Broadway To Vegas



Copyright: September 18, 2016
By: Laura Deni


Considered one of the most enduring and empowering Off-Broadway musicals of all time, I'm Getting My Act Together and Taking It On The Road, with a book and lyrics by Gretchen Cryer and music by Nancy Ford, opened June 14, 1978 at the Public Theater and later moved to the Circle in the Square for a total of 1,165 performances, and subsequently spawned productions from Chicago, to the West End and Germany. Recently, a successful production was staged in London.

Cryer and Ford met in a music class at DePauw University. The two forged a friendship that eventually led to a number of professional collaborations. While much attention has recently been paid to acknowledge that female songwriting teams have conquered Broadway, Ford and Cryer - both women - unfortunately have been basically shoved under the composing rug.

I'm Getting My Act Together and Taking It On The Road not only had some groundbreaking musical combinations and head-on confronted convoluted feelings the general public held about the feminist movement, Cryer and Ford broke the musical testosterone ceiling.

Cryer also made history by being the only woman to have ever penned the book, lyrics and star in a major hit musical.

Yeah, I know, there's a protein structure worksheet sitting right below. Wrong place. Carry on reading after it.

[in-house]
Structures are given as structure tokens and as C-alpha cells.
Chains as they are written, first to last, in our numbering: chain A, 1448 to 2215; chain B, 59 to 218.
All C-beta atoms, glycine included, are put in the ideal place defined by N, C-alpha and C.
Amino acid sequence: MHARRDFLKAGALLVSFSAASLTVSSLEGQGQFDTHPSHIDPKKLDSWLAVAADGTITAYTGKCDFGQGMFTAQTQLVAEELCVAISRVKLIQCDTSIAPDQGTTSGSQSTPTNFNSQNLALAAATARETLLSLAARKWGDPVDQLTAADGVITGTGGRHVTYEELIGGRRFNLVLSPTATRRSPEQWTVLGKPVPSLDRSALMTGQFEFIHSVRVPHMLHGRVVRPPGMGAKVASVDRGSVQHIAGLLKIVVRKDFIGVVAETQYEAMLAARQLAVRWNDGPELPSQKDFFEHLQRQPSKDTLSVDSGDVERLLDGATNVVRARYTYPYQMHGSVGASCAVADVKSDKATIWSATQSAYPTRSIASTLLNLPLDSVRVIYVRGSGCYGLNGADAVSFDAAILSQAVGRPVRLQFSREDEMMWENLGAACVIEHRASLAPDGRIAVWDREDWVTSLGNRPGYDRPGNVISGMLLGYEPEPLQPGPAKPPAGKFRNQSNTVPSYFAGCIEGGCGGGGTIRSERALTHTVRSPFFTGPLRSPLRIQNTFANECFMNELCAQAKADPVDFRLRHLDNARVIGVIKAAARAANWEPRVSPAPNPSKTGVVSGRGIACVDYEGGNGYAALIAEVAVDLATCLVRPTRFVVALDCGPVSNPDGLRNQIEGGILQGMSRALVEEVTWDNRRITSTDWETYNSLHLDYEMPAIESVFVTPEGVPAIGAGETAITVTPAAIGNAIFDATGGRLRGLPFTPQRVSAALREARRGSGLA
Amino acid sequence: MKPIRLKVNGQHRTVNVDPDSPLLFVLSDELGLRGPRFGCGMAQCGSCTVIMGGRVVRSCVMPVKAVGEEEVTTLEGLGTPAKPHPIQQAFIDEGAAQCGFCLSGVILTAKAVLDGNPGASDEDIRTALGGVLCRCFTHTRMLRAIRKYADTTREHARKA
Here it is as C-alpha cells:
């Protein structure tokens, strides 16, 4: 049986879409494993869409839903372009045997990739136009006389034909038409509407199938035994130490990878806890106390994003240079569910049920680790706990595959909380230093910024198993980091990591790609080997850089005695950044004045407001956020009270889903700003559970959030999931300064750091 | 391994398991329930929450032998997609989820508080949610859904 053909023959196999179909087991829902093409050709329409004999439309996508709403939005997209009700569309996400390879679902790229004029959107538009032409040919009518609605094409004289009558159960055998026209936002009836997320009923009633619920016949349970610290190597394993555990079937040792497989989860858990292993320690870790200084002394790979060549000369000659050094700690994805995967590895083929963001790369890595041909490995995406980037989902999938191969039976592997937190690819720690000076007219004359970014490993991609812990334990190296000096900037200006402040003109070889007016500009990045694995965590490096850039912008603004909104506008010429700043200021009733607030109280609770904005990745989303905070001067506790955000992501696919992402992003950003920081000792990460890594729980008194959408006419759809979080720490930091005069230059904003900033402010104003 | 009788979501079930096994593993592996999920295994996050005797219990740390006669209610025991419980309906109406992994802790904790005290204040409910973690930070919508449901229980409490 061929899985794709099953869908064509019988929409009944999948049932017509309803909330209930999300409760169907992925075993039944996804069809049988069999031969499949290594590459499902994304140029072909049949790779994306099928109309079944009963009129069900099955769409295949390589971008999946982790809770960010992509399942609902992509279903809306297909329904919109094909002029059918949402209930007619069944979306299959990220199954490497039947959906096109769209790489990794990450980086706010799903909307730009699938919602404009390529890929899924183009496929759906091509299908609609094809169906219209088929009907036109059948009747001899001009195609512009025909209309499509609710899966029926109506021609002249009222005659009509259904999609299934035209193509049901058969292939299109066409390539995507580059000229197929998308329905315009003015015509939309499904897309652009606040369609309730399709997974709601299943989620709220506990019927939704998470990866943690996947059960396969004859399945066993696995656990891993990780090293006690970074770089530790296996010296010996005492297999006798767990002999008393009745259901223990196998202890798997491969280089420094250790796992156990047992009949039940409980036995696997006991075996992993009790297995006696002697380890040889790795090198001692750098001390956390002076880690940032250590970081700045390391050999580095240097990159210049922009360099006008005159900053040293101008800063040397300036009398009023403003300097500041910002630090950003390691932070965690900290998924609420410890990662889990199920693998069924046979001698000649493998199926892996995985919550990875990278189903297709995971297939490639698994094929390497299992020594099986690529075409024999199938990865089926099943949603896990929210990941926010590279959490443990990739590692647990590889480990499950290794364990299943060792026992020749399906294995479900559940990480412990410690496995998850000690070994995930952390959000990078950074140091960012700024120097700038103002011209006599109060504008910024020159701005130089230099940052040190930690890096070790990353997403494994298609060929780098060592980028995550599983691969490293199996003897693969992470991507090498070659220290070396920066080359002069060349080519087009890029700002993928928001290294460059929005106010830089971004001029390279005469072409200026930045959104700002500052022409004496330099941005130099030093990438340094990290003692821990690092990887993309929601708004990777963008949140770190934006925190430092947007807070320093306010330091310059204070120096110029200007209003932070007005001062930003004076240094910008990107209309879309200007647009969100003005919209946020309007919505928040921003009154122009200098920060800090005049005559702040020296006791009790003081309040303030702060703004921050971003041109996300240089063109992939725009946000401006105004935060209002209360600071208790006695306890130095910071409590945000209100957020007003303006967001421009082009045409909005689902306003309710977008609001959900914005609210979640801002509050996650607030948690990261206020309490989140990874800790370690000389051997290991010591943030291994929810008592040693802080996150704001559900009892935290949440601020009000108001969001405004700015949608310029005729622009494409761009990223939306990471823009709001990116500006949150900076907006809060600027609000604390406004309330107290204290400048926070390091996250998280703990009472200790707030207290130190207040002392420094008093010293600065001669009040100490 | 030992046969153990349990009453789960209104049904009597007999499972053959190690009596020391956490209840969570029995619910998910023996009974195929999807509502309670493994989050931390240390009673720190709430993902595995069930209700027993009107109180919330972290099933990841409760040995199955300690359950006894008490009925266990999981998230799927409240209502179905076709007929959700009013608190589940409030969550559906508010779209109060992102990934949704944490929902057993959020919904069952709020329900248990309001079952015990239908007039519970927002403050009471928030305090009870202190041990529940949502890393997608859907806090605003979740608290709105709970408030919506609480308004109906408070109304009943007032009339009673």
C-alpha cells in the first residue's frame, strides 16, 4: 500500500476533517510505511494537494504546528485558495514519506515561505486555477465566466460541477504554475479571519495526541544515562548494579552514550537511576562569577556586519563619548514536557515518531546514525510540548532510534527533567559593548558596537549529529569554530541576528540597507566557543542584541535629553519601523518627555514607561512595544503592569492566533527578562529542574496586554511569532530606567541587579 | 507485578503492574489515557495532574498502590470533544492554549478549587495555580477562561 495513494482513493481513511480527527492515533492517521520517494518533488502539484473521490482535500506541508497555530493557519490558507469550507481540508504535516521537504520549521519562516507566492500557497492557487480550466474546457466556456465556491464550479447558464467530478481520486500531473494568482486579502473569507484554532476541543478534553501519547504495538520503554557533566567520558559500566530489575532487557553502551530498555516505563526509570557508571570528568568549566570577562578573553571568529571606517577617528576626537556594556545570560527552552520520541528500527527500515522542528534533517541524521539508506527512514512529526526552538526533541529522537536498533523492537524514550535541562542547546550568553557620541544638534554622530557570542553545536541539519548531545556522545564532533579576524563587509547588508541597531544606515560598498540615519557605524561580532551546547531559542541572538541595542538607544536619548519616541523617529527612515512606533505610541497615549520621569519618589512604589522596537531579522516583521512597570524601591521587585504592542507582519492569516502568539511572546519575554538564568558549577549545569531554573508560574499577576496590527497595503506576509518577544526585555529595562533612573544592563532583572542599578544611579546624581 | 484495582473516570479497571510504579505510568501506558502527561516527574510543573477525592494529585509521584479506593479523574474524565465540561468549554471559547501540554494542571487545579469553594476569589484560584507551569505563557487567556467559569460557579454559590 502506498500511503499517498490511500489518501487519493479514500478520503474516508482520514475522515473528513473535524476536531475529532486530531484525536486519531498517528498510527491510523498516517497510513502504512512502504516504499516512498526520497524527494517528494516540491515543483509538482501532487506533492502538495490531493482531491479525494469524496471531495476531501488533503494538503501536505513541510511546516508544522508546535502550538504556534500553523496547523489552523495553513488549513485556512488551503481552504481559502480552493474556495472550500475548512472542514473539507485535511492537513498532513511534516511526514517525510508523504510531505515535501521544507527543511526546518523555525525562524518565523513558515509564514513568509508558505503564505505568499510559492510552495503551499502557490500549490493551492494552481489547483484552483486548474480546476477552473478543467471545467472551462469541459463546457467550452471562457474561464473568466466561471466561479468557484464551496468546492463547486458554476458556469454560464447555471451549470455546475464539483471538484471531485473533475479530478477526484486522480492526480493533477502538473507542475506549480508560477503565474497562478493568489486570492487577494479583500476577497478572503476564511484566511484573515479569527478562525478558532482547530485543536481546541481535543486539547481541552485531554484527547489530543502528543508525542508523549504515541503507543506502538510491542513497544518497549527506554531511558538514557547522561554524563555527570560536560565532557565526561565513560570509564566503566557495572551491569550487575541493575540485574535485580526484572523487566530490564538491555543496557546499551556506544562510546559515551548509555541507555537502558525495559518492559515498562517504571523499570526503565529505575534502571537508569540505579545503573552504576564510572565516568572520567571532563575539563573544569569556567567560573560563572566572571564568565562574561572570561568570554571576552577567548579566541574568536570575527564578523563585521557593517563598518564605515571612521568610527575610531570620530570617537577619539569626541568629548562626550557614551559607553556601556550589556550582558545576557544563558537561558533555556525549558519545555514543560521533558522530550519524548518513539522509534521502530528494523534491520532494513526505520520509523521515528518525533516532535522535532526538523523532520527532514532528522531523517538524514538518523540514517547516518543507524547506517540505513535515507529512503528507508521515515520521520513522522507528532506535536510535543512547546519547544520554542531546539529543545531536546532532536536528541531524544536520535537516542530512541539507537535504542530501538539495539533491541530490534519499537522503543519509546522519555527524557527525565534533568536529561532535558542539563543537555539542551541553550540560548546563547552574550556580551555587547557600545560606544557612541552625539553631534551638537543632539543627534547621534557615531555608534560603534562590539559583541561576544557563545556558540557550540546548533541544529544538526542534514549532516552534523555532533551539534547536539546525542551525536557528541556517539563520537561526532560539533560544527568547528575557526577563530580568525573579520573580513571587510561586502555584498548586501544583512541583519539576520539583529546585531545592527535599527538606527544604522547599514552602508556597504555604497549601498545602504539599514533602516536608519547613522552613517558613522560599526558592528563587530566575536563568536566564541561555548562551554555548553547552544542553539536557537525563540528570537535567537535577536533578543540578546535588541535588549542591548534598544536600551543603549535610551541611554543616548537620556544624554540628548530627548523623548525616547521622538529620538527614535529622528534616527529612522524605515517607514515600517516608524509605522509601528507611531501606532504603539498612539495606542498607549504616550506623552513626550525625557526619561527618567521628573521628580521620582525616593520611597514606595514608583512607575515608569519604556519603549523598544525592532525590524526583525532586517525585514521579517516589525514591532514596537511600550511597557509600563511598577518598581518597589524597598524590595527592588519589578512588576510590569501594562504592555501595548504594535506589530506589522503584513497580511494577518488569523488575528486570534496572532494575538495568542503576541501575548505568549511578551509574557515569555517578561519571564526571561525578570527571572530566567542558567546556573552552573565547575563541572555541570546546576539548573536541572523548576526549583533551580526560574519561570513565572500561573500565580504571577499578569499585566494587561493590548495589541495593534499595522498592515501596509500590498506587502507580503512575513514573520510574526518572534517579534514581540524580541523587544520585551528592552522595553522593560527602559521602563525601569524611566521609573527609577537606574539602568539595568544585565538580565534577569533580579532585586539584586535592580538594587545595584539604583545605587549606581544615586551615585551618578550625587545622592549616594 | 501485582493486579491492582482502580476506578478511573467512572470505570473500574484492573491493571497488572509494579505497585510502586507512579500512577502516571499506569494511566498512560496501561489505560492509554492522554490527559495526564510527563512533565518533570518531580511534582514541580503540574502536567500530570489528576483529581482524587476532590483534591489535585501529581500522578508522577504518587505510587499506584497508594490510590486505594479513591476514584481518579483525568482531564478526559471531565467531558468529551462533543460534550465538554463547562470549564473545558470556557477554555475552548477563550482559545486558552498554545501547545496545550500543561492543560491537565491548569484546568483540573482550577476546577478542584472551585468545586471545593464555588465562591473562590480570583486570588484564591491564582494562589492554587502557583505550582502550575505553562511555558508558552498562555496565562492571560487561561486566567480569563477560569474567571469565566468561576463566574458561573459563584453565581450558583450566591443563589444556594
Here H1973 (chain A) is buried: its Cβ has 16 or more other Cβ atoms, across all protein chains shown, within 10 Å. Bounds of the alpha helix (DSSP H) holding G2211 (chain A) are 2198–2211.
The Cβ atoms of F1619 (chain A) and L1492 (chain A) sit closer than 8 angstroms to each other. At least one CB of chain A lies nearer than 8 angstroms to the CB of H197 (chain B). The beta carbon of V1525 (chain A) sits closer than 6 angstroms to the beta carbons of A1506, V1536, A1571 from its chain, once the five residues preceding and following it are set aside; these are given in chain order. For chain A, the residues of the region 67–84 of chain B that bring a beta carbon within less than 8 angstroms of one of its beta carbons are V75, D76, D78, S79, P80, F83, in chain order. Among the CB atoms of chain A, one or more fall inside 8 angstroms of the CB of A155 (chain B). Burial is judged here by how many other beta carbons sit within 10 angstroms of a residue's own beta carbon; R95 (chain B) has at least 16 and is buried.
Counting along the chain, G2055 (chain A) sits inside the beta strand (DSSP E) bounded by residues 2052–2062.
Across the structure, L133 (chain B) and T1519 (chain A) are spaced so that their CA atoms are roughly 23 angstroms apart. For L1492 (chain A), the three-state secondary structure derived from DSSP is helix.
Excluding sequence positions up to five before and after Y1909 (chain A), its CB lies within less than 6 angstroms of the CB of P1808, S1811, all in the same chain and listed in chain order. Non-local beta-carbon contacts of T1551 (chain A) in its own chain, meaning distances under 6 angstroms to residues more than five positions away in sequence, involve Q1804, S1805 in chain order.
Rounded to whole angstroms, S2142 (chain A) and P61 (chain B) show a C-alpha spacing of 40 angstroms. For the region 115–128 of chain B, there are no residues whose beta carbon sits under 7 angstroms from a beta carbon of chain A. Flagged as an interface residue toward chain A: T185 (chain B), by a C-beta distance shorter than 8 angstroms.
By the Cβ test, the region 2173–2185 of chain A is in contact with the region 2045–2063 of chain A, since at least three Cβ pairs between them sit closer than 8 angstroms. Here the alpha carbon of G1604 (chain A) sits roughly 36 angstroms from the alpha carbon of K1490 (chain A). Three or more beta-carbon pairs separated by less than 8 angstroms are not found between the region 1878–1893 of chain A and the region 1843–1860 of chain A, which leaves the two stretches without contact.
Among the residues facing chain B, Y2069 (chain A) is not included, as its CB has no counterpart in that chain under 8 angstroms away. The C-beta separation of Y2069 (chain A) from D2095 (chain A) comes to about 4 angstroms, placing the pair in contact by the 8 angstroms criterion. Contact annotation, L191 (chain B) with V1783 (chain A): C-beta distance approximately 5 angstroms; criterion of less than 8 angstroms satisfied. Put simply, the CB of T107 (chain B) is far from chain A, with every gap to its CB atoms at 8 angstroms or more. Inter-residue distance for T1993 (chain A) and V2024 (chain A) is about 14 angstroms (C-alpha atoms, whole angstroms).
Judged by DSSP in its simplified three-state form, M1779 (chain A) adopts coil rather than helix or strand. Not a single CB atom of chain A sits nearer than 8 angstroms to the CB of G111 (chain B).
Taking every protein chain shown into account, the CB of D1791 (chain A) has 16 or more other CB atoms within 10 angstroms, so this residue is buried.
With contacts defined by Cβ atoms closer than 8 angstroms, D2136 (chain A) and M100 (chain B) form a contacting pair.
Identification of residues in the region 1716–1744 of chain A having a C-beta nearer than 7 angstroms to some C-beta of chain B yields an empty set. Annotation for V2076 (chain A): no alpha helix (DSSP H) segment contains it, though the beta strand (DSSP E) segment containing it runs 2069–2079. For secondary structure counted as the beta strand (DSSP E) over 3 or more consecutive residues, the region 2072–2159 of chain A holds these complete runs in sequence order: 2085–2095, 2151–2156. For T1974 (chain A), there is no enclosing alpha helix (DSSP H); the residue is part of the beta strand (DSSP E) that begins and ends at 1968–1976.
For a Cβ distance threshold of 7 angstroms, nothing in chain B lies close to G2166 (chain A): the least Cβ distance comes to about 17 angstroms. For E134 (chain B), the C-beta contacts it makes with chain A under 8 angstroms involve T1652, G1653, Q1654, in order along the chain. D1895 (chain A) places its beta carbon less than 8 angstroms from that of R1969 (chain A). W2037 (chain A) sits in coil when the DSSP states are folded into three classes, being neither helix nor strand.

Finally, a cast recording of the original off-Broadway, New York Shakespeare Festival production has been releases by Masterworks Broadway.

The year is 1978, the place, Greenwich Village. On the afternoon of her thirty-ninth birthday, Heather Jones (played by Gretchen Cryer) has recently undergone a bitter divorce and is rehearsing for opening night of her new cabaret act.

Innovative for its day with the integration of rock and musical theater type compositions, it's part pop-rock and all heart. The story follows the fictional cabaret singer as she evolves her traditional act of romantic pop tunes to a bold new act full of personal emancipating and feminist pieces. As she performs the new show, song by song, Heather fights to achieve an artistic metamorphosis while her dominating manager, Joe, tries to keep her act in the past.

The production has been around for over 40 years, so there is no point in discussing musical construction, arrangements or singing styles which were totally appropriate for the production. Debuting at a time of the heated yin-yang of social change, the show was both lauded and panned - because it caused the patron to think and challenged a mindset. There were press performances where nobody liked it - except the paying public.

The CD captures the music - sometimes thin and frothy Smile and Old Friend; other times demanding and statement making Miss America. and Strong Woman Numbers. Enjoying this CD is more than a trip down memory lane, it's also a look at today.

The booklet contains a story synopsis, and anecdotes about Joe Papp. It's a short CD, about 31 minutes which is worth listening to many times over.

Cast: Joe played by Joel Fabiani. Heather is Gretchen Cryer Alice is Margot Rose. Cheryl is played by Betty Aberlin and Jake is played by Don Scardino.

Musically backed by The Liberated Man's Band whose members are:

Scott Berry piano, Synthesizer - Nancy Ford additional keyboards - Don Scardino and Lee Grayson, guitars - Bob George drums - Dean Swenson bass, banjo.

Orchestrations created by the band with the composer. Orchestrations for Strong Woman Number by Elliot Weiss. Female background vocals: Margot Rose, Betty Aberlin, Gretchen Cryer, Male backup vocals: Don Scardino, James Mellon, Scott Berry, Lee Grayson Bob George, Dean Swenson.